“He’s brooding,” Athena whispered as I joined her. “I know it’s a shocking development.” I tried not to laugh.

“How was your evening?” I asked. She winked at me. “Good then,” I said.

“What do we know so far?” Countess Olivia asked.

“It’s the Prince,” General Martin said, “two guards came back a few minutes ago and reported as much.”

“Good,” Papa said, “good then.” He looked pale, more so than he usually did lately. “Marina, love, you and Viscount Aaron are going to go greet them?”

“Not the queen?” Athena asked.

“No,” General Martin said. “Annalise will greet them here, with you two.”

“I won’t,” Tristan said. Athena sighed loudly.

“You will,” Annalise said walking in. “I need you with me Tristan.” We all felt the tension in the room grow.

“As you wish,” he said and walked out. Annalise sighed, watching him leave.

“I’ll talk to him,” Athena said.

“No Thena, it’s alright.” Martin said and followed him. I glanced at the Countess who was blushing. I wondered for a moment how many rooms he’d left when she’d chosen someone else.

“Shall we,” Aaron said standing up and offering his arm. I laughed a little and we headed towards the port. “So, you ended things with William?” I rolled my eyes.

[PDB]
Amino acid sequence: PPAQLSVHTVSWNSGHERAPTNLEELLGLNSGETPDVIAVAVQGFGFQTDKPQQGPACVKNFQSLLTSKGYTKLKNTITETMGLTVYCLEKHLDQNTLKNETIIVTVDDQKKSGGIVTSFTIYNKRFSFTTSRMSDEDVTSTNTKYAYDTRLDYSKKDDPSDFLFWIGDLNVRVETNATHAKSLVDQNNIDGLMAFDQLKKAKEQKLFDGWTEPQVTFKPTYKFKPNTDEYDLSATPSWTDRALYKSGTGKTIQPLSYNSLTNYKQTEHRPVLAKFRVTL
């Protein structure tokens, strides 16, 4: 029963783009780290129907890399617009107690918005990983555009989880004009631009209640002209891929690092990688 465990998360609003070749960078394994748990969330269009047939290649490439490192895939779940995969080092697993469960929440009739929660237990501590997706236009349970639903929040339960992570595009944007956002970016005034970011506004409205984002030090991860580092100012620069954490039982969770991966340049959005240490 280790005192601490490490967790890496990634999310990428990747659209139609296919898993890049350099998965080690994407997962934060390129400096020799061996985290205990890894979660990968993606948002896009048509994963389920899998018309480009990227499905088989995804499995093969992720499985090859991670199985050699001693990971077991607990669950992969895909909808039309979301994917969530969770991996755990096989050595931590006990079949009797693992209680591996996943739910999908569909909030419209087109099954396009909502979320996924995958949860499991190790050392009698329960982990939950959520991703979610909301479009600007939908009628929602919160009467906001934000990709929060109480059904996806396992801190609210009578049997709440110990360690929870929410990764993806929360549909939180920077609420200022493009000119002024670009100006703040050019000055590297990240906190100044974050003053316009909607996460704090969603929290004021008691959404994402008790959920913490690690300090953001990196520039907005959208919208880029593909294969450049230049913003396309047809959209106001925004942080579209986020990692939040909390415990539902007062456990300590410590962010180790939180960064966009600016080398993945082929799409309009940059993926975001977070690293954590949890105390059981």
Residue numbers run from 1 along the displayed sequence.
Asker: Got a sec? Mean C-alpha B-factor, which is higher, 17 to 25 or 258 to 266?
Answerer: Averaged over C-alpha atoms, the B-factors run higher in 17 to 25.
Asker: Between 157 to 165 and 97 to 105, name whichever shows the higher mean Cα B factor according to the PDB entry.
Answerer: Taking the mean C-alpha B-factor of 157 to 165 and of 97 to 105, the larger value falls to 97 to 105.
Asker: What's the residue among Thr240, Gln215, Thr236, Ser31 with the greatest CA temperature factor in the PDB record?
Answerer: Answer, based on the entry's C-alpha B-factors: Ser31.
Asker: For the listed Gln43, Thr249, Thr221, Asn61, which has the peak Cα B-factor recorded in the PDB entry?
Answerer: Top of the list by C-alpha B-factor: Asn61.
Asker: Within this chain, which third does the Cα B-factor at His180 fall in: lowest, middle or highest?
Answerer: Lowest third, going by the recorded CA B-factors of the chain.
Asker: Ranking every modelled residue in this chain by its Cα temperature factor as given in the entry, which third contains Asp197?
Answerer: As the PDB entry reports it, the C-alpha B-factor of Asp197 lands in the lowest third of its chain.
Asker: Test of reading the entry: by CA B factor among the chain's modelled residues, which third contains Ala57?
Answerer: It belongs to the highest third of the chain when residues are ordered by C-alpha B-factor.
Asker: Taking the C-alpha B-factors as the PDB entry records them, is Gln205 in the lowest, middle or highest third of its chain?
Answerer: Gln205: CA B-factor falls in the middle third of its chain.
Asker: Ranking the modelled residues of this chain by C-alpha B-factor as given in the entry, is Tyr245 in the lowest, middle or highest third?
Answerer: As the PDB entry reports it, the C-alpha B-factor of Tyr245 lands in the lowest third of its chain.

“Yes,” I sighed, “if you were hoping for a tenant with a deep connection to Brightcoast, I’m sorry to disappoint you.” He snorted.

“Have you seen anything?” He asked softly. I shook my head. “Well, it could be worse. Mother and The Duke and General could have sent Tristan and then Prince Eric would be pitched into the harbor.” I laughed.

The harbor isn’t a real harbor. Dovetail is built in a valley, and there is a lake, that has a large canal dug so that ships can get to the city. But for the most part, no large ships come here. Small barges and ferries every day, but nothing like what we saw now.

The Prince’s Glory stood tall over the small merchant vessels there now. My father always used to describe Phanian ships as beautiful and I understand what he meant now. This ship is gloriously beautiful. It was painted stunning blue. And there were three men standing on the dock.

“I think this is supposed to be the part we’re good at,” Aaron smirked. I nodded and we walked up.